Anxiety, stress and depression can rob you of life’s pleasures. Use these simple moves to help tackle poor mental health and get the most from every day.
- Make nature your best friend
Long-term stress is a common cause of anxiety and depression1. Good news – just 20 minutes in nature significantly lowers stress hormone levels, reports a study in Science Daily2. So significant is this reduction that the study researchers described these activities as a 'nature pill' and suggested doctors prescribe them to patients.
A 'nature pill' isn’t about physical exercise – strolling or even sitting does the trick. And you don't have to be in the wilderness; anywhere you feel connected to nature works.
- But don't forget real friends
Nurturing strong relationships with friends and family can help protect against depression, while making new bonds by volunteering has been shown to increase self-esteem and wellbeing as it helps relieve stress3.
However, toxic relationships have the opposite effect1. If there’s a toxic person in your life, your best move is to cut them loose. If there’s a reason this is difficult, talking to a professional or contacting one of the resources mentioned below can help.
- Live your best life
Good physical health is associated with good mental health4. For example, a healthy, balanced diet can positively influence how you feel5, and new research has found significant evidence that physical activity really is likely to reduce the risk of poor mental health6.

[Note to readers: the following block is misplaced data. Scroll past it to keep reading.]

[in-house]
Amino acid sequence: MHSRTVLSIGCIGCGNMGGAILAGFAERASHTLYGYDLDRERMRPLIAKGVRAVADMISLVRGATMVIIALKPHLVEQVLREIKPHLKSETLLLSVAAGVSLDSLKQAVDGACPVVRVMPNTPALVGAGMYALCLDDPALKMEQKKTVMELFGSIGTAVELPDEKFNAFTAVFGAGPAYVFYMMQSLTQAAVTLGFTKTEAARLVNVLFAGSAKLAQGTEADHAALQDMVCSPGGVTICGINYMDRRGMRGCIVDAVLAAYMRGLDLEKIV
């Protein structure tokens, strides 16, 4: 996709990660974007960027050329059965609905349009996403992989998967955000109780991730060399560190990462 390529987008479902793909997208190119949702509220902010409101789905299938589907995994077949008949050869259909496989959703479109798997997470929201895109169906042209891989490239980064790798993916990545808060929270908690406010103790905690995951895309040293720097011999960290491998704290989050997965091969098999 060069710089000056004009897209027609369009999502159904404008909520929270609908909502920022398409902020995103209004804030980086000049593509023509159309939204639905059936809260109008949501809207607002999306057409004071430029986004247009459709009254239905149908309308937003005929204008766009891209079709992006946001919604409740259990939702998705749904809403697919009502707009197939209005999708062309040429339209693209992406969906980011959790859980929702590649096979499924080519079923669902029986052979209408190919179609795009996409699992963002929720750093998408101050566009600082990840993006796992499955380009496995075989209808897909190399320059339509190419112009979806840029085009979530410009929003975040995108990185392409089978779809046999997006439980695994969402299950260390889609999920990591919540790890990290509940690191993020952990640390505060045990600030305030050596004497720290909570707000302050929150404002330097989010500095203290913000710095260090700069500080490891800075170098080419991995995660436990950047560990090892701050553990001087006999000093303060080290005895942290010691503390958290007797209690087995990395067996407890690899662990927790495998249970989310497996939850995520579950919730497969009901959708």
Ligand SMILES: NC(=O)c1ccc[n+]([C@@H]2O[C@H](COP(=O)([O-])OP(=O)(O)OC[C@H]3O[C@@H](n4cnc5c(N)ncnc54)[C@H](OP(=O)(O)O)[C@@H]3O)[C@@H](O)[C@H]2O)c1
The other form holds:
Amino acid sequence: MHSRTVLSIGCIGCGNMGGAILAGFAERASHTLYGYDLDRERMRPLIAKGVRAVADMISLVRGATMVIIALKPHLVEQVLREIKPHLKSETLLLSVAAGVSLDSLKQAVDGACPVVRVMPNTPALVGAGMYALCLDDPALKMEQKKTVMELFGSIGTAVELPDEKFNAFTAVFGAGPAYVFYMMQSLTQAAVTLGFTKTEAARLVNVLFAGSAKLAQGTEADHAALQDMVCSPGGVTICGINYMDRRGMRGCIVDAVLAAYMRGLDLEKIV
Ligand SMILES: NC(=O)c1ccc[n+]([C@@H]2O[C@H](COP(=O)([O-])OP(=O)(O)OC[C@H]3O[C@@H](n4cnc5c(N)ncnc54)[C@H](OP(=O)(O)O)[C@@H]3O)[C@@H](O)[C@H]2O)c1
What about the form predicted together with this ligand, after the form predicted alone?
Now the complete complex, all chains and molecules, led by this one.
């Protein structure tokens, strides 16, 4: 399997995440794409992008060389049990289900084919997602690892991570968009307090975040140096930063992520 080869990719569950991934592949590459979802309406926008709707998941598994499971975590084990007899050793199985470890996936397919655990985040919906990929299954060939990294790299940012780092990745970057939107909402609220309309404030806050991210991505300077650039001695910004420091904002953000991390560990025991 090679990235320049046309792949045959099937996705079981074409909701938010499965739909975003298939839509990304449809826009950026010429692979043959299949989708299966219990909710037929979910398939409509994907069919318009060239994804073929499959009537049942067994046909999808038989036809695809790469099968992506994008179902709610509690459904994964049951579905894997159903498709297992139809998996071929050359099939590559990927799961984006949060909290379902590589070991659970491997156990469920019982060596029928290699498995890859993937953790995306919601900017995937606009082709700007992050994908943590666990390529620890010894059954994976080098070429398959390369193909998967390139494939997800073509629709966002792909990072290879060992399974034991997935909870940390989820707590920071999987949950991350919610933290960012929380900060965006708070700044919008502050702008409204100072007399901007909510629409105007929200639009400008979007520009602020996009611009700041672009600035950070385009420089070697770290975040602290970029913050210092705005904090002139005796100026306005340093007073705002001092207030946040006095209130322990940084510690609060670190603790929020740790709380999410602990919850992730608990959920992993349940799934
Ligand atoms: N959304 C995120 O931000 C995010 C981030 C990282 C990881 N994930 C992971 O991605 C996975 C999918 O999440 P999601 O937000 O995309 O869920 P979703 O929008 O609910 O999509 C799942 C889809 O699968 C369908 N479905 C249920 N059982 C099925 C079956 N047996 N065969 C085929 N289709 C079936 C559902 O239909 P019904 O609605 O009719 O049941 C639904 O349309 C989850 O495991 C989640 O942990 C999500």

Remember, some prescription medications can cause depression as a side effect7. If you suspect this could be the case, talk to your doctor.
- Love your bed
According to the National Sleep Foundation, people with insomnia have a tenfold risk of developing depression compared with those who sleep well8. The relationship between sleep and mental health is not clearly understood, but the Sleep Health Foundation believes that a good night’s sleep supports both mental and emotional resilience. These techniques can help you sleep soundly.
- Going to sleep and waking up at the same time every day, even weekends
- A bedtime routine
- Avoiding electronic equipment, ideally for two hours before bed
- Investing in a comfortable mattress and pillow
- Avoiding caffeine after noon
- Tiring yourself out with regular exercise
- Practising relaxing breathing exercises1
- Never forget, you're not alone
It’s completely normal to react to certain events by feeling sad, and to feel anxious in a challenging situation9. However, these feelings sometimes become overwhelming. Other indications that things aren’t as they should be include trouble concentrating, becoming more irritable or experiencing physical symptoms such as headaches, insomnia or gaining or losing weight.
If you’re concerned about these or any other health issues, it’s important to seek help. Your GP and a range of services and mental health professionals can help, and you can find trusted information on websites such as the Black Dog Institute and Beyond Blue. Black Dog suggests talking to someone you trust, or contacting your GP, a counsellor, psychologist or psychiatrist10. You can also find 24/7 counselling at Lifeline Australia on 13 11 14 and MensLine Australia on 1300 78 99 78.
2 Mary Carol R. Hunter, Brenda W. Gillespie, Sophie Yu-Pu Chen. Urban Nature Experiences Reduce Stress in the Context of Daily Life Based on Salivary Biomarkers. Frontiers in Psychology, 2019; 10 DOI: 10.3389/fpsyg.2019.00722